For Africa to reach its Agenda 2063 goals, the necessary infrastructure needs to be in place, especially to support Africa’s accelerated integration and growth, technological transformation, trade and development.
This will include high-speed railway networks, roads, shipping lines, sea and air transport, as well as well-developed information and communications technology structures and the digital economy.
It is anticipated in Agenda 2063 that a Pan-African high-speed train network will connect all the major cities and capitals of the continent with adjacent highways and pipelines for gas, oil, water and other infrastructure such as broadband cables.
However, a plenary panel at the Infrastructure Africa exhibition and conference, held this week in Sandton, discussed the challenges that had to be overcome before the agenda could be realised.
Leading the panel, Herbert Smith Freehills partner Brigette Baille said there were too many projects facing big funding gaps and delays and that it took a long time to reach financial close.
“Government can not solely be held responsible for infrastructure development; however, government does need to put enabling policies in place, especially in light of the Fourth Industrial Revolution and soft infrastructure, which includes maintenance and routine upgrades.
“There is often more focus on ‘sexy infrastructure’ such as rail, port expansions, hydro plants and bridges; however, utility infrastructure such as schools, reticulation of electricity, water and sanitation is not prioritised enough in comparison,” noted Baille.
Panel member and Menston Holdings CEO Stanley Subramoney, meanwhile, remarked that infrastructure was one way of getting the growth of the economy going.
In South Africa, and in Africa, many projects are in concept or feasibility, but few are ‘shovel-ready’, he said, adding that a big make-or-break factor is how the stakeholders look at infrastructure holistically and not in a silo, in terms of implementation and impact.
Subramoney further pointed out that Africa is rich, but Africans are poor. “It is expensive to do business in Africa, owing to poor or a lack of infrastructure, which also impacts on global competitiveness.”
He said Africa tended to export its wealth and import poverty. “All roads in the continent lead to the port. We are exporting commodities and importing finished product, therefore exporting our jobs and becoming increasingly de-industrialised.”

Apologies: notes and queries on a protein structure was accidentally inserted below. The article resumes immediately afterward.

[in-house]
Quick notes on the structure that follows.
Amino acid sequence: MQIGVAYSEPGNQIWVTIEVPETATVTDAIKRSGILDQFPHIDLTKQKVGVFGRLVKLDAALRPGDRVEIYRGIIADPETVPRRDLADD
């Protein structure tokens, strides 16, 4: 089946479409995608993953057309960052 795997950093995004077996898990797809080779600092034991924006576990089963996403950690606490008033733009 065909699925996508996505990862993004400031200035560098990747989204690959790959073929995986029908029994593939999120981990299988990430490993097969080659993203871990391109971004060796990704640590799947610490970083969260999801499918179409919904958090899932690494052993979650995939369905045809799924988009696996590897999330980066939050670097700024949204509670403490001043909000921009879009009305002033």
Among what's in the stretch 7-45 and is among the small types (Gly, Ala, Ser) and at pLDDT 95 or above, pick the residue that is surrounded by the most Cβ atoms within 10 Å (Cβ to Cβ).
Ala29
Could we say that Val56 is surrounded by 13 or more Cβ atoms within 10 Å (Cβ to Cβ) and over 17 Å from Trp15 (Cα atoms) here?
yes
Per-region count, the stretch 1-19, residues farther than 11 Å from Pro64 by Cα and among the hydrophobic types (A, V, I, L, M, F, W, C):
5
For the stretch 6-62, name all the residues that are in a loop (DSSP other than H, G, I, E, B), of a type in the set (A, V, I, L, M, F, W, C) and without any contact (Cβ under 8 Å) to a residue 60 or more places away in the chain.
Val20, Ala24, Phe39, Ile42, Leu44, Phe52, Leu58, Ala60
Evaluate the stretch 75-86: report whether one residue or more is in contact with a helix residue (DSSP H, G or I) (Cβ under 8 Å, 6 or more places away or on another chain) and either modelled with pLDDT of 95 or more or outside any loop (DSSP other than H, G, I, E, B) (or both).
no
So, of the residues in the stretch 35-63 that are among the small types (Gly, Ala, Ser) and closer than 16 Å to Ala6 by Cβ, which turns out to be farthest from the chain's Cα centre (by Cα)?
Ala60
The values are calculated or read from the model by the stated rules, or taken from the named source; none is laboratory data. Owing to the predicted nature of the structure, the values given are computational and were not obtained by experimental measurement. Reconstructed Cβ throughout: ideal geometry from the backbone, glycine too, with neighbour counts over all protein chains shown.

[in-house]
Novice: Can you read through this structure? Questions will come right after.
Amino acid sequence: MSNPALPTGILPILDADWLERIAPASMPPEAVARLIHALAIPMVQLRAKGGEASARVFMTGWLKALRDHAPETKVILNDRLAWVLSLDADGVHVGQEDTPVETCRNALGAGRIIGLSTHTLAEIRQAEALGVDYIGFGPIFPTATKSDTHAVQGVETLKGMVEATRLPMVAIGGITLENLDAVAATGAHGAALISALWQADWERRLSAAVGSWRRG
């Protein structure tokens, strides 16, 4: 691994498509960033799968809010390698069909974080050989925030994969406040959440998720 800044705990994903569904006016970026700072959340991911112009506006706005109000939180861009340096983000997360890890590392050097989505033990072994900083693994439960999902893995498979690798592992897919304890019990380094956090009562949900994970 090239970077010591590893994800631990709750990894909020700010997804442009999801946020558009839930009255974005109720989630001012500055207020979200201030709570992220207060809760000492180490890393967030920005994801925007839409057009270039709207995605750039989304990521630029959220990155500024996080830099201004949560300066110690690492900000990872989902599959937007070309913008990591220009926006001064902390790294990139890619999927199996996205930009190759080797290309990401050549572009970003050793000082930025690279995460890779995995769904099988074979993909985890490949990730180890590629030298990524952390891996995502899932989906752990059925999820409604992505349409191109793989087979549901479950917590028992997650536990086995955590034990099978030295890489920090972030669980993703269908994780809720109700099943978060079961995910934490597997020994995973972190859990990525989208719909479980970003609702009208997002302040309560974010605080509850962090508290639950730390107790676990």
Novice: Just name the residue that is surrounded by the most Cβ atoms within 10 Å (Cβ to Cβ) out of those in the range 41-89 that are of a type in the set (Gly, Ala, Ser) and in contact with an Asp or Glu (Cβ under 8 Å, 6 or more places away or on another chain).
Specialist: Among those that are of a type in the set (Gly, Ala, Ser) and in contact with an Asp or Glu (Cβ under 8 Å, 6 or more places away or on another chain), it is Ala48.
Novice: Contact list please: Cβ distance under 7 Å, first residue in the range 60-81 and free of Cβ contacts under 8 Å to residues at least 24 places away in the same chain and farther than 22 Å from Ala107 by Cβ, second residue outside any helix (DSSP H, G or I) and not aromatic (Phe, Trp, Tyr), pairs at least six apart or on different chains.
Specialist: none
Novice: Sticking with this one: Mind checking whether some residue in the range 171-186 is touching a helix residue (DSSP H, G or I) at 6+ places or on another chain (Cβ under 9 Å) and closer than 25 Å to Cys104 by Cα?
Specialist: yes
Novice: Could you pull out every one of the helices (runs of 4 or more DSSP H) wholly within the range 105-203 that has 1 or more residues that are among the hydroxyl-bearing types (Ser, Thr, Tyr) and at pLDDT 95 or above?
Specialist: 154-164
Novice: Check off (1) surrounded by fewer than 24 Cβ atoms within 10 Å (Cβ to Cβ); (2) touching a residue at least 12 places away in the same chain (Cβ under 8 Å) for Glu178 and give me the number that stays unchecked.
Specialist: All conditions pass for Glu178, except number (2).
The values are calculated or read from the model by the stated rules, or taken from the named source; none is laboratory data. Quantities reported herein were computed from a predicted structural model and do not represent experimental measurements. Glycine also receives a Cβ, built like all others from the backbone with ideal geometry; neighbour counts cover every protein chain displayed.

Subramoney said project development in Africa required smart partnerships with players that actively add value to projects; it also required blended funding, for example, from development financial institutions, commercial funding, pension funding and government investment, while ensuring the infrastructure is relevant for the twenty-first century and beyond, without building vanity projects.
“If we do not pay mind to this to realise functional projects, the continent will become irrelevant; and no one owes Africa any favours, we need to do it for ourselves and future generations.”
Sierra Leone Presidential Infrastructure Initiative chairperson Dr John Tambi noted that infrastructure was not limited to hard infrastructure such as road and rail, and emphasised the need for soft infrastructure systems.
“In Africa, maintenance of existing facilities and trying to sustain them has been a challenge. Without a maintenance regime, assets can not be maximised.”
He added that infrastructure needed to be considered as a business and that projects needed to be structured to become a source of revenue for the country and benefit society, with investors and strategic partners involved from the get-go of project planning, as with a business.
UK Department of International Trade Africa trade commissioner Emma Wade-Smith averred that projects should focus on partnerships, processes and understanding risk.
“Problems with the process sees more expensive projects, project delays and corruption. Getting this right can address challenges that are often found with infrastructure projects.”
Public Investment Corporation (PIC) senior research analyst Brenton Lalu commented that infrastructure projects were not just about financial return, but also about social return. The PIC has a dual mandate to invest in economic infrastructure such as telecoms, road and rail, while social infrastructure investment provides access to housing, education and healthcare, to improve quality of life, create jobs and stimulate skills transfer.
He said infrastructure was the backbone of any country’s economy and had a ripple effect to open up markets, accelerate industrialisation and unlock manufacturing. He suggested that there should be harmonisation between countries to ultimately realise Agenda 2063.